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Eleanor Oliphant is Completely Fine
GENRE: Mainstream Fiction
This is the story of Eleanor, a young woman who struggles to relate to others and is comfortable living her solitary, predictable life: comfortable, that is, until an act of kindness disrupts her routine and forces her from her self-imposed solitude. Perfect for readers who enjoyed A Man Called Ove.
Gail was born and raised in Stirling, Scotland. Her mother was as a civil servant and her father a scientist. Gail was an avid reader in her childhood, visiting the library “a ridiculous number of times a week” due to her passion for books.
She studied French language and literature at the Glasgow University and continued her education at the University of Oxford, starting a postgraduate course in French poetry. However, Gail realised that an academic career was not for her and she started a string of “backroom jobs”. She worked at first as a civil servant in economic development and then as an administrator at Glasgow University.
While working at Glasgow University, Gail enrolled in a Faber Academy writing course, writing the first three chapters of what would become Eleanor Oliphant is Completely Fine. Cambridge’s Lucy Cavendish College was running a competition for unpublished fiction by female writers and it was just what she was looking for to fulfill her lifelong passion for reading, so she submitted her work and the rest is history. The novel was published in 2017 and earned numerous awards, sold millions of copies, and received wide critical acclaim.
Eleanor Oliphant is Completely Fine won the 2017 Costa First Novel Award. When asked how much of Eleanor Oliphant was based on her own life, Gail has said “Eleanor Oliphant isn’t me, or anyone I know – but of course I’ve felt loneliness – everybody does”. In 2018 Gail revealed that she was working on a new novel which will be “set in a different period and location”. - Author's website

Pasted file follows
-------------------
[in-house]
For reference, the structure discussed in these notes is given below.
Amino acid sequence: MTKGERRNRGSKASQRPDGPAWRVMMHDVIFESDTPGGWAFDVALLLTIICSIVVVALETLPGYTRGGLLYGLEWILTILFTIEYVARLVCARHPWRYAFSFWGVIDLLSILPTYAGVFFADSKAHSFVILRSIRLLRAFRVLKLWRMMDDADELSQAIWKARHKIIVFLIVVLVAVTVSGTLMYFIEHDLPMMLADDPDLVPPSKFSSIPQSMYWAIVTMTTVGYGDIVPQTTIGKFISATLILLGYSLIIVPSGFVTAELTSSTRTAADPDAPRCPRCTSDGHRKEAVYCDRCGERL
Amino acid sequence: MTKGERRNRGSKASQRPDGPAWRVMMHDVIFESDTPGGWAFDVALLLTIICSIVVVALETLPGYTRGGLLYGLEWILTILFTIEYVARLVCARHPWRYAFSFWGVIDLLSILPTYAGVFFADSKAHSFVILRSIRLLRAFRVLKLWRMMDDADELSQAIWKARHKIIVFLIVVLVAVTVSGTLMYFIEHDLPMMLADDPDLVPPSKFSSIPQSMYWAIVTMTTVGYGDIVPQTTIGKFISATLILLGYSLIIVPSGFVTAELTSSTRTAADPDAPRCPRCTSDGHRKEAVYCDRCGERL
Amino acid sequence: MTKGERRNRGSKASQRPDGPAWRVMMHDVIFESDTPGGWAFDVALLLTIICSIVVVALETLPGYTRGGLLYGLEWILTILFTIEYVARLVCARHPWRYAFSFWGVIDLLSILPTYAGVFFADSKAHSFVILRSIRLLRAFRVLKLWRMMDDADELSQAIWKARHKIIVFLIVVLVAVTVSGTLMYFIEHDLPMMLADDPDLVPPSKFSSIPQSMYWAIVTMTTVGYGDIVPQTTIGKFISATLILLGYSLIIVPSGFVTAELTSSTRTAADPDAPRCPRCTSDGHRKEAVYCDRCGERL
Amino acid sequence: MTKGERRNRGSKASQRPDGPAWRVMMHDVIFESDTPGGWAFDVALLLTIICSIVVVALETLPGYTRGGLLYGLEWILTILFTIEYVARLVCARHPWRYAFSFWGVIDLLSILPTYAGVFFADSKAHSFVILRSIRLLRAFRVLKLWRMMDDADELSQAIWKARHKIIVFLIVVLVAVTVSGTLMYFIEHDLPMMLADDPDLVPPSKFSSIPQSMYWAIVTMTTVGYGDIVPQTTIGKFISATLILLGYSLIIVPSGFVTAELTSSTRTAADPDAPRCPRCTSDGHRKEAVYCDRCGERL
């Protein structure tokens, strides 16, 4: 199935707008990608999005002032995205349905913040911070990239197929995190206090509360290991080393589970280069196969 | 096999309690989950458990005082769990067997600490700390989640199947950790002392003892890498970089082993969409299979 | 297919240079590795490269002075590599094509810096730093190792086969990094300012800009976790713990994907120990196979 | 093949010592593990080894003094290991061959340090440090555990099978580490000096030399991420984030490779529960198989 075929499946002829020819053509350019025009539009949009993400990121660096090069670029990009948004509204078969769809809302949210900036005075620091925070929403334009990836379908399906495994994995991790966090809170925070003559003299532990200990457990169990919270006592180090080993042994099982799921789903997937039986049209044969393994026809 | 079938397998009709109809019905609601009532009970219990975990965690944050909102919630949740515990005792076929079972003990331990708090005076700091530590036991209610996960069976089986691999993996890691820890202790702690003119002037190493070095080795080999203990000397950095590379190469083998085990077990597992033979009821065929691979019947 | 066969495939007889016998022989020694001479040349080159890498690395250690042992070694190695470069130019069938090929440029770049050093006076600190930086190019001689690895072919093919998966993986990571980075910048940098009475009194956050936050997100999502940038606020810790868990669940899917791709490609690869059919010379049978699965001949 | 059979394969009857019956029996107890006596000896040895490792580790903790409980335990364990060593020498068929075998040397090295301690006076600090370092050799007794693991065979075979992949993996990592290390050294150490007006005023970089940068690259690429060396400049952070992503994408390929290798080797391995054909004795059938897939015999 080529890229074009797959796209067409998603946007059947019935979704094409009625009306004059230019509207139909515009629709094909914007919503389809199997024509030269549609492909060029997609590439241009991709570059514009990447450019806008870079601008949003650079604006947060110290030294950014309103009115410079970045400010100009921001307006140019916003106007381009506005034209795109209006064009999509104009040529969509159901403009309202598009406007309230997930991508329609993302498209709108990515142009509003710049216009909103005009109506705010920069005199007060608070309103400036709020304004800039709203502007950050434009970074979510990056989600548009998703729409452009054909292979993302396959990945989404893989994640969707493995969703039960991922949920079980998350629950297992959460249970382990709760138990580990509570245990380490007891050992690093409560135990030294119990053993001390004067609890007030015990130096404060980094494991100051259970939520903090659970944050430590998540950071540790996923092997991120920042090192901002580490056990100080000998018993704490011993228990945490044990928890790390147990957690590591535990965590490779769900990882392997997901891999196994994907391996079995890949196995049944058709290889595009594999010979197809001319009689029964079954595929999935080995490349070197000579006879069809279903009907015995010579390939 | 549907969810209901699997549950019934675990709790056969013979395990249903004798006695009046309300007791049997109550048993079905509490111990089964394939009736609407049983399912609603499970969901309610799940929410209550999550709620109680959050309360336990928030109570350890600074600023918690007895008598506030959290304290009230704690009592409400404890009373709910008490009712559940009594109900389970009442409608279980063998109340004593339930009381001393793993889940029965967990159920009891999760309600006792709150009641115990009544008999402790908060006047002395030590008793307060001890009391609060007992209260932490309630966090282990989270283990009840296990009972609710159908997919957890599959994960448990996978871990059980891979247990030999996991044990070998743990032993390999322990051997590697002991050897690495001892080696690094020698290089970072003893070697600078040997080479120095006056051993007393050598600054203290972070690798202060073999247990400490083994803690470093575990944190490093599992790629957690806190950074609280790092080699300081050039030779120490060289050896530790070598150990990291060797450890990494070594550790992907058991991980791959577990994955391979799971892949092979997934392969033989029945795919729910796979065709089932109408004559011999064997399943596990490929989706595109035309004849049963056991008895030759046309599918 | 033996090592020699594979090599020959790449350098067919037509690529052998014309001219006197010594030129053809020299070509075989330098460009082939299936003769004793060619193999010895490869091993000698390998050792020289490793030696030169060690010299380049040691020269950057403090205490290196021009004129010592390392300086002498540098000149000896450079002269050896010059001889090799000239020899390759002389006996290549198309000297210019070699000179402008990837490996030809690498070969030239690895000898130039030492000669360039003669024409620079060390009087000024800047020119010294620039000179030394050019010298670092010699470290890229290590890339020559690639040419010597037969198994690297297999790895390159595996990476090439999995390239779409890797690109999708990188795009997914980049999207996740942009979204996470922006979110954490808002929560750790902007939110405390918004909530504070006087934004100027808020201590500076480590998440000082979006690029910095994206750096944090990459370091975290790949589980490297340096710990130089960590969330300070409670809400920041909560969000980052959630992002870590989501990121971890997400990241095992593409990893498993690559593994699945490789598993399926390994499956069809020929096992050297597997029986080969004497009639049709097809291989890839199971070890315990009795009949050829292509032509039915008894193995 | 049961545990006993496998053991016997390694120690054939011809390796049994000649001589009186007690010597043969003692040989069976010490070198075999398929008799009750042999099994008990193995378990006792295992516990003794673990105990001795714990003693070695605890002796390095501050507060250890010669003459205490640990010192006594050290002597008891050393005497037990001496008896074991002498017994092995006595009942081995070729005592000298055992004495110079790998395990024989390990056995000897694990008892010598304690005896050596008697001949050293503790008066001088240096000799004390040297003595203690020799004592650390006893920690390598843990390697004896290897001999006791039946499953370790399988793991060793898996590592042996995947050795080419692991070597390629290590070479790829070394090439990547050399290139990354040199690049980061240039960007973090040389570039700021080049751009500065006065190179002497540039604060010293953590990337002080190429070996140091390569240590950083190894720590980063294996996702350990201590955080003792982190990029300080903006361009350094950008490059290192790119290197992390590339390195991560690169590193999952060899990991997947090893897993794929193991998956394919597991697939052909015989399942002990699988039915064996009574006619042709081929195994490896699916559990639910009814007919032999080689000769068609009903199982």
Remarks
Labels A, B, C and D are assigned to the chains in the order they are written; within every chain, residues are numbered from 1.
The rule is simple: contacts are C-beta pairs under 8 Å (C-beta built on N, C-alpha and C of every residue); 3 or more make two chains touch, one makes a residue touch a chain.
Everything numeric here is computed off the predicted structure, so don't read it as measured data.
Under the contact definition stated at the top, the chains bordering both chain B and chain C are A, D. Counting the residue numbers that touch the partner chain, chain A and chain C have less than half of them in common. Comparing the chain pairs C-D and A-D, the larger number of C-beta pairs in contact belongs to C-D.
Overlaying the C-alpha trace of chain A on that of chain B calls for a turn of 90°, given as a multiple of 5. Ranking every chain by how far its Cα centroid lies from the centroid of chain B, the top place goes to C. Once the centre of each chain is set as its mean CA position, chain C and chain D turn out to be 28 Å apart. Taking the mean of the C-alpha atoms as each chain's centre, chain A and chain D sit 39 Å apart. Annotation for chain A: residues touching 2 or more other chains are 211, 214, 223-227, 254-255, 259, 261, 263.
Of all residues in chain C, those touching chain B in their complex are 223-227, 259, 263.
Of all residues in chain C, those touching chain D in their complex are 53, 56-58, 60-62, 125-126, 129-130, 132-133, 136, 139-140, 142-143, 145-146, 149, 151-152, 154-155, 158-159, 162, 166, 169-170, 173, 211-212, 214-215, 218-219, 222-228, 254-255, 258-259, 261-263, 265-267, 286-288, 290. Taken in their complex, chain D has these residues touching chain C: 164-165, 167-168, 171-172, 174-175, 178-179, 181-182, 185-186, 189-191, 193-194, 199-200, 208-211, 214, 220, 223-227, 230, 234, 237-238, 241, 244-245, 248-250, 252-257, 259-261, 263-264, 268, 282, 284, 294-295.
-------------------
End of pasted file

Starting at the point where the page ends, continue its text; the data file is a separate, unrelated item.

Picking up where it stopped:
Move over, Ove (in Fredrik Backman's A Man Called Ove, 2014)--there's a new curmudgeon to love. Thirty-year-old Eleanor Oliphant leads a highly predictable life, working at an office, eating the same meals alone in her apartment, and spending her weekends regularly administering vodka (she usually goes without speaking to another human from the time she bids farewell to the bus driver on Friday until she greets another one on Monday). She is, as she regularly tells herself, fine. But when a chance encounter with a local musician sends her reeling into the throes of a full-fledged crush, her carefully constructed world breaks open. Soon she is embarking on a self-improvement program from the outside in, complete with shopping trips, manicure, makeup, and attempts at hairstyling. The real changes, however, are slowly taking place within, as she develops a friendship with a man from work and eventually learns the wonderful rewards that come to those who open their hearts. Walking in Eleanor's practical black Velero shoes is delightfully amusing, her prudish observations leavened with a privately puckish humor. But readers will also be drawn in by her tragic backstory, which slowly reveals how she came to be so entirely Eleanor. Witty, charming, and heartwarming, Eleanor Oliphant Is Completely Fine is a remarkable debut about a singular woman. Readers will cheer Eleanor as she confronts her dark past and turns to a brighter future. Feel good without feeling smarmy.--Bridget Thoreson